ROMA Transtiberum - ROMA Archaeology - 080619 - MAGELLAN

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UFS Civilian
UFS Civilian


Island: ROMA Transtiberim - ROMA Archaeology
Island Owner: Torin Golding (ROMA Imperium)
Island Rating: Mature
Tech Rating: Less than Starfleet
Describe the Island: I transported down to an archaeological digsite. Various pieces of equipment were scattered around -- survey tools, ecofacts station, boxes of artefacts, soil sifter, and a tent. In the trench itself, some tools had been left, and there was a ladder to allow descent into the trench. Some artefacts had also been uncovered already.

Utilising the transit machine and the measuring stick, I was able to ascertain that the topsoil ends 140cm down, where it yields to a layer of pebbles. Climbing down the ladder, into the trench, I collected a set of tools to work with, such as trowels, spades and buckets.

Using the pick to remove some rock and then digging away the sand, to remove greater amounts of soil, I moved on to using the trowel, which, after some work, yielded a few small statuettes, a Roman clay lamp, and some broken pieces of glass and ceramics.

Taking a break from digging, I decided to take a look at the various layers of soil. It is interesting to note that layer two, which seems to be largely solidified mud, was dug into a long time ago, and refilled at a later date, and then covered.

Peppered throughout the areas were various pots and containers. The oldest, a clay pot, was lodged into a layer of pebbles at the bottom of the trench. There was also an amphora further up, and some kind of bowl in the pebble layer near the top.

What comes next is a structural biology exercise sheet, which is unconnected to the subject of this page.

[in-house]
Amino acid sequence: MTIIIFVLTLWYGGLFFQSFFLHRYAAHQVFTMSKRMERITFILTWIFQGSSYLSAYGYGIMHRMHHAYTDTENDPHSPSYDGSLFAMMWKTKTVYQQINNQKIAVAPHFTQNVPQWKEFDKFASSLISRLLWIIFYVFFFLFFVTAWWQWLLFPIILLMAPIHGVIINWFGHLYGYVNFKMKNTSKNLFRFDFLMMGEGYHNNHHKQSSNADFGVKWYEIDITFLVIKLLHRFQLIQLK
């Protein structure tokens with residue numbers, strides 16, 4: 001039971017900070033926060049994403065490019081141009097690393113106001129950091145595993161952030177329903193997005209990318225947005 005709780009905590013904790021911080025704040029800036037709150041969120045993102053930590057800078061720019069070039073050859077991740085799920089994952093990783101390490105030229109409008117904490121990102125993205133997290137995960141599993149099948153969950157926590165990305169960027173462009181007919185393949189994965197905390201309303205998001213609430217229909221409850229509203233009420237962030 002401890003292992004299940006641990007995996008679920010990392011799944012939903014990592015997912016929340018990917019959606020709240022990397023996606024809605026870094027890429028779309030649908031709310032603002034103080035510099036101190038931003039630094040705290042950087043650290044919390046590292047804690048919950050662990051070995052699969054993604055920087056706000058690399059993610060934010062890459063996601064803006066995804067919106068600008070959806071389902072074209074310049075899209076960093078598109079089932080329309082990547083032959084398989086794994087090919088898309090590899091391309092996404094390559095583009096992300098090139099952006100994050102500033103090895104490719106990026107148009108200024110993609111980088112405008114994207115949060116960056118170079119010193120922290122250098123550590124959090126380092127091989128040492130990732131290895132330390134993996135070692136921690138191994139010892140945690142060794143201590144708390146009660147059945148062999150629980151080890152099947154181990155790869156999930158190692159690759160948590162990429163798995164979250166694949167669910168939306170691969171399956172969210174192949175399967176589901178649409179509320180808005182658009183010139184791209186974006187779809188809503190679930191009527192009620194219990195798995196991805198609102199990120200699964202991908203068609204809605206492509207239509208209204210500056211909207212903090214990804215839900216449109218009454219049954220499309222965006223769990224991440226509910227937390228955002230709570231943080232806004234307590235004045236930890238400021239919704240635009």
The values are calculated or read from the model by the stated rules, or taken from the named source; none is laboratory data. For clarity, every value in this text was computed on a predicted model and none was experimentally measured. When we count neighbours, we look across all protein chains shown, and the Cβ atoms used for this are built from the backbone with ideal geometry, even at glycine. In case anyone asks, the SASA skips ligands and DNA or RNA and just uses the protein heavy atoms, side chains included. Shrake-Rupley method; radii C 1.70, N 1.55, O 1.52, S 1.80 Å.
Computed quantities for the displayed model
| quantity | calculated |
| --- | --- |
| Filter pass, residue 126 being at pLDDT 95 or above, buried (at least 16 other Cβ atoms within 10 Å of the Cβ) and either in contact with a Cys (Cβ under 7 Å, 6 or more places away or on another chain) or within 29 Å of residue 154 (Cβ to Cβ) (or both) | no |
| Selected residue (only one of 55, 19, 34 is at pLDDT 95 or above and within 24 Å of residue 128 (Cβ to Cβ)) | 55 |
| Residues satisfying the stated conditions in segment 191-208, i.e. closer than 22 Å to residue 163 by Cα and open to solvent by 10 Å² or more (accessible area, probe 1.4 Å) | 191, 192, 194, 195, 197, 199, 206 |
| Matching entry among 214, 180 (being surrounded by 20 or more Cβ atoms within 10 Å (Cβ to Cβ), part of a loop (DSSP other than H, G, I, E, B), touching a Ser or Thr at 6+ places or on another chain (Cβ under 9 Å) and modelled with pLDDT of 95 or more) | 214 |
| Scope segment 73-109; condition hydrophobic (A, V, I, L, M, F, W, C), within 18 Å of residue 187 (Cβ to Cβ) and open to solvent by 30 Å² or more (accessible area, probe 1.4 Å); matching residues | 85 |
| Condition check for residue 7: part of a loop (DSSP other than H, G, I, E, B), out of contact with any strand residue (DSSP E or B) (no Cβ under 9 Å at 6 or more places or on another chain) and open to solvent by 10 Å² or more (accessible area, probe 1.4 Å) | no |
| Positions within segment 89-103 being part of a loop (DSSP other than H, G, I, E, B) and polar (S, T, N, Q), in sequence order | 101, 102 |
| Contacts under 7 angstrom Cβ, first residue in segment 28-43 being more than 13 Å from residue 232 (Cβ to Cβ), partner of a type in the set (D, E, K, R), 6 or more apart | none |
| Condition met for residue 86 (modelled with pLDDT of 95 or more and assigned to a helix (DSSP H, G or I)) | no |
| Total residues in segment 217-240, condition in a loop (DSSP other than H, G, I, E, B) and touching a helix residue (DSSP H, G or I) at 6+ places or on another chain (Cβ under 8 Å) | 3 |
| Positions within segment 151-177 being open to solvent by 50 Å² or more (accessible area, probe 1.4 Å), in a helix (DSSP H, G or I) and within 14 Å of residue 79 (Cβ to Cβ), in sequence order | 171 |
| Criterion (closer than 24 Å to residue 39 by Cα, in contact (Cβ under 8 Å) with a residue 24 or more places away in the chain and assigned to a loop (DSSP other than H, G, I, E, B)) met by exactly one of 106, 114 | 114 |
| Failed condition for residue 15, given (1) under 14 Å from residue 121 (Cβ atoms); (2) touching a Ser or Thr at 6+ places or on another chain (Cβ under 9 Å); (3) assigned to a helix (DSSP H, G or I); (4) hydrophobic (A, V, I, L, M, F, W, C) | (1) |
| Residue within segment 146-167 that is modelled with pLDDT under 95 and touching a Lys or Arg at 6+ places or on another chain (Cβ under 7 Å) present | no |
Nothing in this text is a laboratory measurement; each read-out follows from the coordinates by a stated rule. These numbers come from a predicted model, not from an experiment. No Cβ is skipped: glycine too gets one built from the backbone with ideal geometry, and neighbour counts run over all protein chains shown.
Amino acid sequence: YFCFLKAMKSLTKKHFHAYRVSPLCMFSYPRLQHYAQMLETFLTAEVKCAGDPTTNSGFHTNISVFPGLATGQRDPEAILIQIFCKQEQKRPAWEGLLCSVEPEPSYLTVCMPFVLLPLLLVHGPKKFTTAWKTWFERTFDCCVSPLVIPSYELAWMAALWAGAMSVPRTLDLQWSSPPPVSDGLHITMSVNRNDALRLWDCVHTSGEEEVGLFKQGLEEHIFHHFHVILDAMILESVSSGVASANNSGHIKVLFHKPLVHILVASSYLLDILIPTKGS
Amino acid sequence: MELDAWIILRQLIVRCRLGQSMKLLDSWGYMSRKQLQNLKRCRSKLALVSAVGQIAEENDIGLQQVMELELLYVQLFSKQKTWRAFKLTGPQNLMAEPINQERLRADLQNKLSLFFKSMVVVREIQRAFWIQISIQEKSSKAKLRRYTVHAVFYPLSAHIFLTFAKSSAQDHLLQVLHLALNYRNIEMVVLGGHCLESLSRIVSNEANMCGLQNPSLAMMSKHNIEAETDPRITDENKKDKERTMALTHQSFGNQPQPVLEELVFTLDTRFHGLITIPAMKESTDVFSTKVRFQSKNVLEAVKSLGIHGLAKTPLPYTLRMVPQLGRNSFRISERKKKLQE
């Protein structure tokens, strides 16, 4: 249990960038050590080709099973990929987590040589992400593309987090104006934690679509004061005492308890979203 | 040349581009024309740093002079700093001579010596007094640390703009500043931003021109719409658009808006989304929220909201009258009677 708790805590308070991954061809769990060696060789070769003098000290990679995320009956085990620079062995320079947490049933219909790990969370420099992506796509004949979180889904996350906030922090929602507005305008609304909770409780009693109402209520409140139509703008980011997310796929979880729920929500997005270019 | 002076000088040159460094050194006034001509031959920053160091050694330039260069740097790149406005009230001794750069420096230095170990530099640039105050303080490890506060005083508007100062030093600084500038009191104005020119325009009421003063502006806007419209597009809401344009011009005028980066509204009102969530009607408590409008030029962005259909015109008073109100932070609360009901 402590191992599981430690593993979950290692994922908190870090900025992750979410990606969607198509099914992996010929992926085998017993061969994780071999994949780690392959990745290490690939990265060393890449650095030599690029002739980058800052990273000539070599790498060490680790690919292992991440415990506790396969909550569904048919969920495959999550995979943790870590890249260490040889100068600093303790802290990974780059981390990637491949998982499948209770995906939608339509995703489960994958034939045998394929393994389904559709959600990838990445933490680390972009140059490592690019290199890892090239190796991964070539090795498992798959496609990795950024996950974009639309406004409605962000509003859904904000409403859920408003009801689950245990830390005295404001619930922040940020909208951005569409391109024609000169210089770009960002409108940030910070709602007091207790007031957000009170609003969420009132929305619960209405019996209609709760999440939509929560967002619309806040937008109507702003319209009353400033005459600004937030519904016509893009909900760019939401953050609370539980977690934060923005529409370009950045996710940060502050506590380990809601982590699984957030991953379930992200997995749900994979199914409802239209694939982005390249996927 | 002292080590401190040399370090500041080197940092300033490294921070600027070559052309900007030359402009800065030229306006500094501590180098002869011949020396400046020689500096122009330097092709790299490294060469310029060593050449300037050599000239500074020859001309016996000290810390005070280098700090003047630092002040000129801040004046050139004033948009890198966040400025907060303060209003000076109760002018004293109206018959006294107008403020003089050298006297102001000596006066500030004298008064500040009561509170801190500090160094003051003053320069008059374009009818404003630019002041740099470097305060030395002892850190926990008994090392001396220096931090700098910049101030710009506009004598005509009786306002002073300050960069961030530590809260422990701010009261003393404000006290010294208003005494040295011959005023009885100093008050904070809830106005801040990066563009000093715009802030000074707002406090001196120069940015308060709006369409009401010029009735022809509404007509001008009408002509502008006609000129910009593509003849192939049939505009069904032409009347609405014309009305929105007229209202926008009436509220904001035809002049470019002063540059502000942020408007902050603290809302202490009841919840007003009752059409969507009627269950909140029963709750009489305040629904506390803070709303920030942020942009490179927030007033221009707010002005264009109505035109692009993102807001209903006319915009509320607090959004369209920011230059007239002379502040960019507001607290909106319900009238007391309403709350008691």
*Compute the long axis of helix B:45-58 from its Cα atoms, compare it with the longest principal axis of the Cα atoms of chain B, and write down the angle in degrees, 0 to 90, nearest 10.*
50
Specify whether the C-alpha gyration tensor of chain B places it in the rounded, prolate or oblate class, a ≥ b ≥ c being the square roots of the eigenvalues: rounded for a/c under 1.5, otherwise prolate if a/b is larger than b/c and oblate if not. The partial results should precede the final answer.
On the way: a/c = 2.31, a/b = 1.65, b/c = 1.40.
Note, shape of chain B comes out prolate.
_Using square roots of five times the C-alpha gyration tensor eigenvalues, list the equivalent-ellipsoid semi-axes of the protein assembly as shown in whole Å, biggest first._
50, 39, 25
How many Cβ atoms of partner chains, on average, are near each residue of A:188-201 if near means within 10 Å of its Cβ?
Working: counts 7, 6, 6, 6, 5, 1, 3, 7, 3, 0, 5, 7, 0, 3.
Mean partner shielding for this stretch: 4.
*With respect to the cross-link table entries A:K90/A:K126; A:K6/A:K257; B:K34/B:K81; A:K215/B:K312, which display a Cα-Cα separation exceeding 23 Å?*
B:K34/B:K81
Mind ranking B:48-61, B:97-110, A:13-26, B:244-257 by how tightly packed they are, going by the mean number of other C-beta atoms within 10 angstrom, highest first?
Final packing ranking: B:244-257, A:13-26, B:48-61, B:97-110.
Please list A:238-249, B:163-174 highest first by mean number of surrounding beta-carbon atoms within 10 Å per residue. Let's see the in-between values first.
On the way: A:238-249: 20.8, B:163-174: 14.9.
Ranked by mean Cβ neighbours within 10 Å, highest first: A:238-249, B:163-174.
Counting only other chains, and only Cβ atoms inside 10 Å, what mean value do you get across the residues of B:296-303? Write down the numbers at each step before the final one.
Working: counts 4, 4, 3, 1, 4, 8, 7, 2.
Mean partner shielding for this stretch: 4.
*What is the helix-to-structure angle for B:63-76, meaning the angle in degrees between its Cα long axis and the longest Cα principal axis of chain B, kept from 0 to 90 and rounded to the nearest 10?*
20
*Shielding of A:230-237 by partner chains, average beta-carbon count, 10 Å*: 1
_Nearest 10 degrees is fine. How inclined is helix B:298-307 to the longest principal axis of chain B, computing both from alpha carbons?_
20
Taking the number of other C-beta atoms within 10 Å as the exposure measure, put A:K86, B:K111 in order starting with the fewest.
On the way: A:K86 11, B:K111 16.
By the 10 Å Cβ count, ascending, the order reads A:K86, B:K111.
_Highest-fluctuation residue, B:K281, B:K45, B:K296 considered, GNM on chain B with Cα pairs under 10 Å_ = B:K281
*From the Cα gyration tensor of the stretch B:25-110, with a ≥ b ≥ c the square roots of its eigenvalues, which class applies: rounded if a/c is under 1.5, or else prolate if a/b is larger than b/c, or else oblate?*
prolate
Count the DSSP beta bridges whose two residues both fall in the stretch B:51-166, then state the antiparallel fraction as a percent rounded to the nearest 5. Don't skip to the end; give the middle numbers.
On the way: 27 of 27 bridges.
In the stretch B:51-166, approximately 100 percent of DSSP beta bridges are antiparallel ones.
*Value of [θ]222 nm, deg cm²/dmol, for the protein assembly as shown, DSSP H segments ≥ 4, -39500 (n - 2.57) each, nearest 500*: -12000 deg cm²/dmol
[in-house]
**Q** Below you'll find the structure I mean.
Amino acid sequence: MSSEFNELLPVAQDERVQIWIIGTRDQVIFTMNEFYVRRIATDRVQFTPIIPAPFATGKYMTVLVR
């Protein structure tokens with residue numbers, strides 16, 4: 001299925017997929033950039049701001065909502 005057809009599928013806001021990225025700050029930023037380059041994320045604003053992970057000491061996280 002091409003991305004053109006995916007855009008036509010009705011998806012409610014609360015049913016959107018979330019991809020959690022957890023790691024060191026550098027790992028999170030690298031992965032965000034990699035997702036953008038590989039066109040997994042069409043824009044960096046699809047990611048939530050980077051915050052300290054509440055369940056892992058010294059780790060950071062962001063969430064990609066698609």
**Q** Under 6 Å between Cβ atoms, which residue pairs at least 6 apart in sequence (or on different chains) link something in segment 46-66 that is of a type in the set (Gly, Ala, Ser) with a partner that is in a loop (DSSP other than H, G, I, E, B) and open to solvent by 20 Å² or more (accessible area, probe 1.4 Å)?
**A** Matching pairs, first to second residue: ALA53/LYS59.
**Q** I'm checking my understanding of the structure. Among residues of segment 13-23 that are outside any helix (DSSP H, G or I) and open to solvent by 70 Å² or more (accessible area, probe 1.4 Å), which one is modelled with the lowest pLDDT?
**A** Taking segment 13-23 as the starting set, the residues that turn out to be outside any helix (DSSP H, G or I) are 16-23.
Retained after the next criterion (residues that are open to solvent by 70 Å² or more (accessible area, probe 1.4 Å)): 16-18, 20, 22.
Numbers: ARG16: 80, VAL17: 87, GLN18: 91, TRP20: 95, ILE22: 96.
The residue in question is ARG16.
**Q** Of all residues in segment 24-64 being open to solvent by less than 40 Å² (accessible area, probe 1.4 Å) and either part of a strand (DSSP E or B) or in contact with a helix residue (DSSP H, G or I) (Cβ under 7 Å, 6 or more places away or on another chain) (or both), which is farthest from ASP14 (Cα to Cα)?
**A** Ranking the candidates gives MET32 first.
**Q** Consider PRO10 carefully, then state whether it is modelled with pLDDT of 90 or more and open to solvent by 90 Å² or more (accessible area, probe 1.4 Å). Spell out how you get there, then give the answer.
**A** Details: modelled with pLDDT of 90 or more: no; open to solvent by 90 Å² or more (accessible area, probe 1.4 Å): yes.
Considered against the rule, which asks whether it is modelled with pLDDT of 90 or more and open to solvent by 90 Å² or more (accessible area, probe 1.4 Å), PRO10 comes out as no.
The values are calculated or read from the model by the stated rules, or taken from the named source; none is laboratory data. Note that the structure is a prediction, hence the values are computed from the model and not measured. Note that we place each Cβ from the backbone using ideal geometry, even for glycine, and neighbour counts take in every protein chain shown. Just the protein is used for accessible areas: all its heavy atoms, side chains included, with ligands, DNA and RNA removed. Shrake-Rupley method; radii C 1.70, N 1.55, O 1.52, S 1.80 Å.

Archaeologists also uncovered a log of preserved wood in the trench. Perhaps it might have been destined for building a home or new fortifications, or perhaps for making a boat. Counting the rings may give us some clue as to when exactly this tree was felled, and is also useful for calibrating Carbon Dating, which utilises a measurement of how much Carbon-14 is still in the item in question -- in this case, our log. Perhaps the log might have been utilised in someone's home to provide heat, in which case, thermoluminescence can also be used to measure how long ago it last had heat (such as a fire) applied to it.

With the amount of excavation done also comes full buckets of soil, which can be sifted with a meshed shaker. One bucket contained a lamp, another some iron nails.

One archaeologist had put aside a tray of artefacts. Amongst them were a chunk of plaster, a corroded dagger (dropped by a legionary, perhaps?), another broken lamp, coins (from which we can obtain a very good idea of when they were made or dropped),  pottery, a bronze spike, a possible statue of a household god, and a piece of unfired clay.

The ecofacts machine was interesting. It's used to find things like bone, shell, charcoal and seeds. Rolling my sleeves up, I made a routine check of my finds to see if there were any ecofacts present. Nothing came up, unfortunately.

With all of this came the inevitable burden of paperwork. Excavation is a destructive process, meaning that meticulous recording of all findings is a neccessity, so that records can be kept.

Recommendation: Heartily recommended, both for the fun factor, and for archaeologists within the Sciences department, to get a better idea of how the archaeological process works.
Officer/Cadet: Lt.(jg) Summoner Castaignede
Stardate: 080619
Kevin Fremont
UFS Civilian
UFS Civilian


Great work Archaeologists. Looks like a great site for people to explore. ;)
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